Woodland meant water; it meant fuel; it meant shelter. In Illinois the settlements in 1830 were entirely within the timbered tracts; in 1840 the settlers still clung to the timber; not until 1850 was the settlement of the open prairies to be accomplished. Said Charles Mason (Iowa's first Chief Justice) speaking in 1858 of Iowa conditions as he knew them in 1837: 'Skirting the timber land . . . might be seen a continuous series of incipient farms, each adorned with a settler's cabin. Occasionally, some one more adventurous than the rest had launched boldly out from the shore . . . into the open ocean prairie, and had fixed his home where the storms of summer and the wintry winds might approach him on all sides, and in p178 defiance also, of the distance whence the materials for fire and shelter and fences were to be procured'.
Another Iowa pioneer said that 'there seemed to be something of kinship, something of welcoming, of protection about the woods to those who came pouring out of the forests of the East. There was companionship in the woods — even in their deep mystery. . . . In any event the forest comers would snuggle up to them'.
Pioneer life in Iowa centered in the log cabin, dwelling of but a single room: twelve feet by twelve, sometimes sixteen by eighteen, rarely eighteen by twenty. The roof was clapboards — crude shingles kept down by 'weight pieces'. The floor (when there was one) was puncheon; and under the roof was a loft reached by a ladder. There was, of course, a doorway, and the door might be anything — a quilt or a skin or puncheon slabs. A window covered with oiled paper or cloth invited the sun. 'We had no mirrors to see ourselves when we were arrayed in our wedding gowns', writes the daughter of an Iowa cabin in 1838. 'Just as soon as we were dressed [the wedding was to be a double one] we walked round the corner of the house and looked in the rain barrel. There we saw ourselves as sweet and pretty as we had ever hoped p179 to be. . . . We had asked every one who had come to Iowa with us to be present — also the Indians'.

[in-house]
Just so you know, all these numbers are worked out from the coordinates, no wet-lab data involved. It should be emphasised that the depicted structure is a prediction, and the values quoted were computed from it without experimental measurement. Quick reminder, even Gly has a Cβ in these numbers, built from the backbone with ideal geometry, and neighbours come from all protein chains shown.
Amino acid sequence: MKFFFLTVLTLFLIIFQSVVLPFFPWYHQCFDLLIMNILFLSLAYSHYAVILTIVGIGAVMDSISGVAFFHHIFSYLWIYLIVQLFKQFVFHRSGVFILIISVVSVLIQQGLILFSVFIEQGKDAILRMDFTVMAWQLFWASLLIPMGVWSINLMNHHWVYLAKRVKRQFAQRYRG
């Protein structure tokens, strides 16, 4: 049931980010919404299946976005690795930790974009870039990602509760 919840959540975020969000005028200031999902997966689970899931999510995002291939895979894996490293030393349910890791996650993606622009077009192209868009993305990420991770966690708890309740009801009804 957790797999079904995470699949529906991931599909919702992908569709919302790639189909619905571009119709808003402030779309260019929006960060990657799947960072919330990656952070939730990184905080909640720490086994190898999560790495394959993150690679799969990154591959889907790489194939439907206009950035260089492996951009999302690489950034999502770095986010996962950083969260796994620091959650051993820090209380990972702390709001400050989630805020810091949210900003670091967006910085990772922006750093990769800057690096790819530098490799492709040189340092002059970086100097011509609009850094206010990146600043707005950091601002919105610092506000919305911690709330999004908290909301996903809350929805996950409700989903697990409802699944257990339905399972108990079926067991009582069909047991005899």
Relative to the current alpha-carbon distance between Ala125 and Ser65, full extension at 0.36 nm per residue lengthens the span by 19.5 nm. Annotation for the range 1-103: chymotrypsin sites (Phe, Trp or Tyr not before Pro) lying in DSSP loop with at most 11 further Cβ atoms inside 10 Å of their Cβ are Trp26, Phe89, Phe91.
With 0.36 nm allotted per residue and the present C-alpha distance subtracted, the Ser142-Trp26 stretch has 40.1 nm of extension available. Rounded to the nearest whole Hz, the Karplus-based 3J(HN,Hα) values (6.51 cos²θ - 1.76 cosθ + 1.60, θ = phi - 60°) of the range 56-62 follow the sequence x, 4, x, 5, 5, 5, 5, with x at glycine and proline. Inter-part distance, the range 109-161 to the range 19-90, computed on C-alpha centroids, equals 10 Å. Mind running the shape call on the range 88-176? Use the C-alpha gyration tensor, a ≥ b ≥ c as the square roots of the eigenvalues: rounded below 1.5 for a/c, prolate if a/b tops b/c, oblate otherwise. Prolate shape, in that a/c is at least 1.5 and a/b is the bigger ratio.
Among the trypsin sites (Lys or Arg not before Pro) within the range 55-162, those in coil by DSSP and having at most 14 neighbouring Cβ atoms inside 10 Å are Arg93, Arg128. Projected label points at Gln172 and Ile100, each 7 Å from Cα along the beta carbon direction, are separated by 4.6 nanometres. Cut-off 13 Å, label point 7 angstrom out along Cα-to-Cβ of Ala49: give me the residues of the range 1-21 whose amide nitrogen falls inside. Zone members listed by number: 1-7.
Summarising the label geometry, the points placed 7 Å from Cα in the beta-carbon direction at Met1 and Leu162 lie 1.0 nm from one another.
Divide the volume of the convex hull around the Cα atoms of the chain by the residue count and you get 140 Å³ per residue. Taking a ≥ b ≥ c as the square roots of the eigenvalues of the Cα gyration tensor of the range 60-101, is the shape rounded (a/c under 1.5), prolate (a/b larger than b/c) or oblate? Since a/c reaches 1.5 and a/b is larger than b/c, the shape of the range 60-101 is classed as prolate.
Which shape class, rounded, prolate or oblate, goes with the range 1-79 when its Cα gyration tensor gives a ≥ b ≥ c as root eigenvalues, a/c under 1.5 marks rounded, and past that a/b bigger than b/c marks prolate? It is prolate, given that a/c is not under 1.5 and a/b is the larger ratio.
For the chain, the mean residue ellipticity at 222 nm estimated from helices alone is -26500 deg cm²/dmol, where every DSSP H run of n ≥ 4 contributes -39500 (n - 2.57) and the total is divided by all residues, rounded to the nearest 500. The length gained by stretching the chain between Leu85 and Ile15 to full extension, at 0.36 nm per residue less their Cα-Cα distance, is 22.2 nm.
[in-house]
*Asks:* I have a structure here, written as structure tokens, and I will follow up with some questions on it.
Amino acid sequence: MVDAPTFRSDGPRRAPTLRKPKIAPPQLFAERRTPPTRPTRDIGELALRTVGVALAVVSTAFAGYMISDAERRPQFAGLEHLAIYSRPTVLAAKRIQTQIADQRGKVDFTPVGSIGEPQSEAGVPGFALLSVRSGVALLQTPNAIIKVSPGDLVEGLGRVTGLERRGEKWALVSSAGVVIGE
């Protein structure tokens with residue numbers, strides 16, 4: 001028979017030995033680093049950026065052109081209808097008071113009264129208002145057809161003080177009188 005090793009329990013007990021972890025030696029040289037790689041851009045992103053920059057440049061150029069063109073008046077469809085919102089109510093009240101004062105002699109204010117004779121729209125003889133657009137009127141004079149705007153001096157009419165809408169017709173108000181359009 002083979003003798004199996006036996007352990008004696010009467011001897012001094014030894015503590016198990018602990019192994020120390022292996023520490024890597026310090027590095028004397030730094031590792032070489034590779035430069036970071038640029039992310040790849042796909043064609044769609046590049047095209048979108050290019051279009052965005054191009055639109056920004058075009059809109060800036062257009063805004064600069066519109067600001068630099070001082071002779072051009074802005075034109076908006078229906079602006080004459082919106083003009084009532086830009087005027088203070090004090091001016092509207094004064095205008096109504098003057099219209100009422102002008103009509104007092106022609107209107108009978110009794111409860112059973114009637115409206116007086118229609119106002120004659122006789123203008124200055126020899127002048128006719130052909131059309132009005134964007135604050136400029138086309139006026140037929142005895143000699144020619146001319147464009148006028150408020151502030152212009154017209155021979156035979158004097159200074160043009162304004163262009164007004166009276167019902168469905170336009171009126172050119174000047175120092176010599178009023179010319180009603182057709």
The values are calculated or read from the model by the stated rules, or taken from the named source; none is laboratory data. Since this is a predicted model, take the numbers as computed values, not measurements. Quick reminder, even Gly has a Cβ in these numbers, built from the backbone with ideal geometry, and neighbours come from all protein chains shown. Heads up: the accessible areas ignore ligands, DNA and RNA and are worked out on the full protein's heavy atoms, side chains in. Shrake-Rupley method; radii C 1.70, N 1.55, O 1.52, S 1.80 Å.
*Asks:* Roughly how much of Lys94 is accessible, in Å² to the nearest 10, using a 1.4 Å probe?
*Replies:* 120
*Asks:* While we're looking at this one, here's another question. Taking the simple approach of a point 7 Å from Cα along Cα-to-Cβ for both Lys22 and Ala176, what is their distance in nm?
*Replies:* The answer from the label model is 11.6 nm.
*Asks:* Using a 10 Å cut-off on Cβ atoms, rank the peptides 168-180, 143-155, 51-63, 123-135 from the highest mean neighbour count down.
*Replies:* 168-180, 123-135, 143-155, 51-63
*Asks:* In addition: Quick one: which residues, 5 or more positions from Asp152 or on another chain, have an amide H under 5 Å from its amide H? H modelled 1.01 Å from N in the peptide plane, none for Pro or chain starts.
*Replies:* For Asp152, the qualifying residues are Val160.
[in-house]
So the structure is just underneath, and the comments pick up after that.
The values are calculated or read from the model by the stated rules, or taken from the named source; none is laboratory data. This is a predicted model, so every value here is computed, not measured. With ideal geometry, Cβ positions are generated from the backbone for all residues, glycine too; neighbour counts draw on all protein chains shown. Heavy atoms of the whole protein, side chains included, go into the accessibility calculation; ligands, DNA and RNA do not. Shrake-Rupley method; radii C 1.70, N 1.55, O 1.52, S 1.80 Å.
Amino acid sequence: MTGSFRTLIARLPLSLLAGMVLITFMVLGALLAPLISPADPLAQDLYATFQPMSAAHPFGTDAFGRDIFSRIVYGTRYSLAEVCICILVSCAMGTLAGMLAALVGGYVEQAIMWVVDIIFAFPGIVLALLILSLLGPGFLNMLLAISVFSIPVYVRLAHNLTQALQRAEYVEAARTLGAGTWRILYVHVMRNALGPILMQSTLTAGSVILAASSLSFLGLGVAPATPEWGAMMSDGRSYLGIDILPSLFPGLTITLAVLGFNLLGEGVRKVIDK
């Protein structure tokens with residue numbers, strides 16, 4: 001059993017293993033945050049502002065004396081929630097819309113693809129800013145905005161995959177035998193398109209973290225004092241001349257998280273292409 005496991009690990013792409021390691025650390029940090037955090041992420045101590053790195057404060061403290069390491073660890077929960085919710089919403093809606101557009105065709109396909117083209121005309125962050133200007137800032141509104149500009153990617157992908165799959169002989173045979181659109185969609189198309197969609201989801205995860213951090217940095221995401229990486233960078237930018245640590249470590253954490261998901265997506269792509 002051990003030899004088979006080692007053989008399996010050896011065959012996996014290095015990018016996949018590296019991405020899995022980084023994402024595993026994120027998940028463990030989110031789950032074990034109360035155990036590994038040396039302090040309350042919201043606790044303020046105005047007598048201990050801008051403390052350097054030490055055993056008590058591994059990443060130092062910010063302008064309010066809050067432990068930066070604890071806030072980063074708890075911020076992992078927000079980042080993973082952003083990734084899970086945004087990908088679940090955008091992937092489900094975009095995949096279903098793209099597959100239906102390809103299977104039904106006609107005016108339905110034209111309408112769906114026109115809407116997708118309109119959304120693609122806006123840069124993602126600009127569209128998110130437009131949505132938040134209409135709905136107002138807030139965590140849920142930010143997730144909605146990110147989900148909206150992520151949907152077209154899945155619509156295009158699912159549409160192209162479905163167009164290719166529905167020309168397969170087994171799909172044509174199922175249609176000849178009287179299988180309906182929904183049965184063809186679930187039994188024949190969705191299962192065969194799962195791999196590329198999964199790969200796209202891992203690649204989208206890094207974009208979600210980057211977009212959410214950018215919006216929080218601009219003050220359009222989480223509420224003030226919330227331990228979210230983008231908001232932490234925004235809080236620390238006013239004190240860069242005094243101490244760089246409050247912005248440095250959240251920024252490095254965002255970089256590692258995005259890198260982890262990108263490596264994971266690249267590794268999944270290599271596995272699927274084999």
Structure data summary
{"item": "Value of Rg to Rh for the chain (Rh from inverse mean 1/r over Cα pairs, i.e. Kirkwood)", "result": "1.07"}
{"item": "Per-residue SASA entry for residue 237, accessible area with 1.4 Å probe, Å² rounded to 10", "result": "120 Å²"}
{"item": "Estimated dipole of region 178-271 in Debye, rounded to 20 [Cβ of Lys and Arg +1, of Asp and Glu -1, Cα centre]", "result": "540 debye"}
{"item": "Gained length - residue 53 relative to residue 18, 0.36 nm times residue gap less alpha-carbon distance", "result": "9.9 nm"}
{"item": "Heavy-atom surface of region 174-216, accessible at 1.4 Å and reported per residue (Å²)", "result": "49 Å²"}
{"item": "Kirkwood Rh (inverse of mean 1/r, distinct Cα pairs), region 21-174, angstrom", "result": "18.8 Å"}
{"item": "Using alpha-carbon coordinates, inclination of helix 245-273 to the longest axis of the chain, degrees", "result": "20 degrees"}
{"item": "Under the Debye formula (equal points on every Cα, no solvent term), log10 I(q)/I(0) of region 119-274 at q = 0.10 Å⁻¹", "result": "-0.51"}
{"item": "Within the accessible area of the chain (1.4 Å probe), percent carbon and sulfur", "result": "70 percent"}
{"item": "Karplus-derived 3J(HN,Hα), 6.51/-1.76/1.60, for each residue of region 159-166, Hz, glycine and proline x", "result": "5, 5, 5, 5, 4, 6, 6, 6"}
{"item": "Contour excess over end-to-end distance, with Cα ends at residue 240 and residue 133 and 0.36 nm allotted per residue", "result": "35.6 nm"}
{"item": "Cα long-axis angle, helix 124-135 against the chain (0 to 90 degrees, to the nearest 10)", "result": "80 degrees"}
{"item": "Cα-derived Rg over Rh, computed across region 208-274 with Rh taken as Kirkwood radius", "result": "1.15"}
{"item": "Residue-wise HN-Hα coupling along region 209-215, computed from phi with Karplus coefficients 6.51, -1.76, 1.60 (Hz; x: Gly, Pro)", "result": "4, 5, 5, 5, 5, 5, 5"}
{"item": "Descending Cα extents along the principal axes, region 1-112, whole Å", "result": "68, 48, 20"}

As the cabin itself was the community center, so the Hearth was the center of the cabin. Vesta and the Hearth! 'Each little community usually had one person just to keep fire. If the general fire went out all the settlers' fires might go out. This would mean that someone must walk to the next settlement for fire. . . . The writer's uncle one time walked five miles to get a kettle of fire. He would put chips on the fire [in the kettle] when he came to a forest and it would burn until he came to the next forest'. Says another pioneer of the same decade: 'Often grandfather rose on a zero morning to find the covered embers had lost their power of kindling and was sent for a kettle of fire, "seed fire" with which to start the new days's warmth'.127 To us of to‑day 'grandfather' appears to have belonged to the day of the ancients. In a sense the pioneers of Iowa did belong to the day of Homer and Abraham. Growers of their own wool, and eke of their own cotton and flax, they spun thread from each and wove it into cloth.